Dear HR Pro: Please Don’t Kill Innovation. Thank You.

Thought that title would get your attention! Believe it or not, this isn’t going to be an HR-bashing post. The lifeblood of an organization is going to lie in its ability to continually innovate and adapt to a rapidly changing environment, and I happen to think HR plays a key rule in making this happen. Innovation requires smart, motivated people, which any company who makes a living in the knowledge economy will have, or at least claim to have!  So, why are some companies able to continually innovate while others fall by the wayside? Smart, motivated people + $h!++y environment = no real innovation.  This is where we as HR pros come in—it’s all about the organizational system you build around those smart, motivated people, which, in my opinion, is what we really get paid to do.  With that in mind, here are 3 things you can do as an HR pro to support innovation in your organization:

  • Build Multi-Disciplinary Teams.  Solving complex problems require a diverse group of people—education, training, experience, gender, race/ethnicity—all bringing their knowledge and expertise to the tableThis is critical, since in most knowledge-based industries people are assembled to tackle complex problems with no obvious “right” answer.  The problem is, most organizations still organize themselves as if they were still in the era of assembly lines. They build department structures with a narrow scope of responsibilities, fairly homogenous training and experience, and are inflexible and slow to adapt to change.  If you really want to help drive innovation, think about how and where you can rely on multi-disciplinary teams that aren’t just on loan from a department as their home base.
  • Eliminate Formal Job Descriptions.  In my opinion, job descriptions are only marginally helpful when you’re recruiting someone to join your organization. As soon as they join, you should immediately burn it!  Innovation requires people to think and act across boundaries.  It requires people to take chances and apply their know-how in different parts of your organization. In my opinion, job descriptions are reductionist—they narrow your scope to a discreet set of responsibilities which is not likely to spark an innovative idea. In their place, you should consider asking people to define their purpose.  Purpose is much more broad and describes what you are here to achieve in an organization while giving you permission to think beyond your area (for more on this idea you should read Joan Bragar’s book Leading for Results).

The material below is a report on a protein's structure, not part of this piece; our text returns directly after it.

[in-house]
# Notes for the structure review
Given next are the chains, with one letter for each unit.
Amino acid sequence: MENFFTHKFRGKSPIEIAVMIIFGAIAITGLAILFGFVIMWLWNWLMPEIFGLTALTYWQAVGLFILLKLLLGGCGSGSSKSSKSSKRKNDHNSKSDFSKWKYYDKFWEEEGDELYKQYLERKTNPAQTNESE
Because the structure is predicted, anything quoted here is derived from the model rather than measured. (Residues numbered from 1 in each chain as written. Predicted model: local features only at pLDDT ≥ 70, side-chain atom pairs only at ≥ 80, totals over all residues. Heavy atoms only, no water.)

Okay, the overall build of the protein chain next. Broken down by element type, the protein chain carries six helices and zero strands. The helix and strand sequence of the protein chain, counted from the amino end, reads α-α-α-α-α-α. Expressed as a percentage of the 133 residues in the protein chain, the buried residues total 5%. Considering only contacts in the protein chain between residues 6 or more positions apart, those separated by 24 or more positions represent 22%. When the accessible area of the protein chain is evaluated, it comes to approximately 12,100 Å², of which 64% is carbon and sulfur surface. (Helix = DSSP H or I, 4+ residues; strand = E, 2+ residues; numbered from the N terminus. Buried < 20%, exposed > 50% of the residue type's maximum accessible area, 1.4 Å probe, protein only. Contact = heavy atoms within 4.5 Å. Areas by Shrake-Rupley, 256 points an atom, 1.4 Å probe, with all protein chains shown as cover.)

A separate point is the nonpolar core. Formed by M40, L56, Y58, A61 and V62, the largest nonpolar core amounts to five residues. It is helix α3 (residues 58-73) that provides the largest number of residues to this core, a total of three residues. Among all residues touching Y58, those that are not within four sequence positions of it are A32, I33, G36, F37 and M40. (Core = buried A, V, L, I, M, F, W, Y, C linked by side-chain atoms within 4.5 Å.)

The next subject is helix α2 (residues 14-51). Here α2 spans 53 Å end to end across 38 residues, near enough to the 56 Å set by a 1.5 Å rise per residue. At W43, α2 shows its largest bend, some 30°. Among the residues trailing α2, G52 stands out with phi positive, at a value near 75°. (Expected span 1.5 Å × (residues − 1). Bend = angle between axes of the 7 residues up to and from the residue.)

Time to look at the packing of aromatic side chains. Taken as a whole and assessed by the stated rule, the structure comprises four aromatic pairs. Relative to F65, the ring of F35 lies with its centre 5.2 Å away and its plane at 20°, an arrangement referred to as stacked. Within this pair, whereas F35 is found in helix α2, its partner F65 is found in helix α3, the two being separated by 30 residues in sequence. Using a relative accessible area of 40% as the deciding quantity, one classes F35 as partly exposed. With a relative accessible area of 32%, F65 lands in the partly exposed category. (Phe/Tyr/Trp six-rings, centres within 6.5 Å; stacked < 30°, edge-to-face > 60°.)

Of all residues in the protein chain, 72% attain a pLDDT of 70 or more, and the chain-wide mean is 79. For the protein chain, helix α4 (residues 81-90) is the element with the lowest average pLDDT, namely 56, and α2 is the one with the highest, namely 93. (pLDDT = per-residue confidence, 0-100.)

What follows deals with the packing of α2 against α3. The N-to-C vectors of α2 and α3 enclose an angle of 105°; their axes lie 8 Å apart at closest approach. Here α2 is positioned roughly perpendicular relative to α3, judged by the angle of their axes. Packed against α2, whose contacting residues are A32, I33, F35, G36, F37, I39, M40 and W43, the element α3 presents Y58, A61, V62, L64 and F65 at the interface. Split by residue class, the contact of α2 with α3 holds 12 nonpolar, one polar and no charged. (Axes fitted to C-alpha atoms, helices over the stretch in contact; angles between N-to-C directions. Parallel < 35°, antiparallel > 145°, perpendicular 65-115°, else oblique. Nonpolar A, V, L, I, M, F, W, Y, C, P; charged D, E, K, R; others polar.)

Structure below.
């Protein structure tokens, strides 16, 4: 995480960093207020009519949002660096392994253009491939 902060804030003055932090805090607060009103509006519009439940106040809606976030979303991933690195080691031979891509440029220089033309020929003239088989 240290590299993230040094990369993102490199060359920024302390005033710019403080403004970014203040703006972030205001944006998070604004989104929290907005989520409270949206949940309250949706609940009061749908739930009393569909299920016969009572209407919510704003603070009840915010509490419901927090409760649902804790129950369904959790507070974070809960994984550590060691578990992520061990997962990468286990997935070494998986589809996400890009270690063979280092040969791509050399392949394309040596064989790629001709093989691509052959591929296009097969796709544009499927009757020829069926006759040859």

• Don’t Confuse Getting Results with Performance Management.  I get really frustrated when I hear HR pros talk about how they’re going to drive performance. Sorry to burst your bubble, but you aren’t driving anything! Driving performance is the responsibility of managers. When HR pros start thinking that performance-management systems (with ratings, competencies, etc.) drive performance, you’re in trouble. In my experience, these systems become too cumbersome to do anything other than get in the way of achieving results. What we need to do instead is ditch these systems and our obsessive focus on ratings, and focus instead on helping managers do a better job of coaching their people to achieve what matters—results (see KD’s most recent post on this topic over at the HR Capitalist).

Bottom line—HR pros can play a critical role in supporting innovation. Just avoid these common traps!


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Andy Porter
Andy Porter is Chief People Officer at the Broad Institute of MIT and Harvard in Cambridge, MA which means he works with some wicked smaaht people. Some days, he indeed does wear short shorts around the office(call it a morale booster) but it really just makes people uncomfortable. Other days, he spits some mad game on cheese. No really – he’s somewhat of a cheese aficionado. But more importantly? At Broad he gets to his small part to help change the world of healthcare.


  1. Kris Dunn
    Kris Dunn says:

    Andy –

    I like the thought of de-emphasizing job descriptions. What do you think about still having a brief run of the most important things they have to contribute to help the org be successful? Is that too much? What else would you add to that to try and create an environment where people feel like they are expected to innovate?


  2. Andy Porter says:

    Purpose and goals. To me that’s the secret sauce – why I’m here and what I’m going to deliver. But goals change and job descriptions don’t. That’s my main problem with them.

    I’m also a big believer in flat, non-hierarchical structures, with a de-emphasis on titles. We’ve done this at Merrimack. To me, this signals to the organization that ideas can come from anywhere and we’re going to do our best to eliminate unnecessary hoops for people to advance their ideas.

    We’ve also eliminated performance ratings. Not because we don’t believe in measuring performance (we do) but they’re too short-term focused and their falsely “precise”. In our business you might fail 10 times before you apply what you learned and succeed. Now, imagine you’re on failure #8 (not uncommon in our world) and it happens to be rating time. If I ding you for with a low rating, guess what? We never see failure 9 and 10 and miss out on the “a-ha”.

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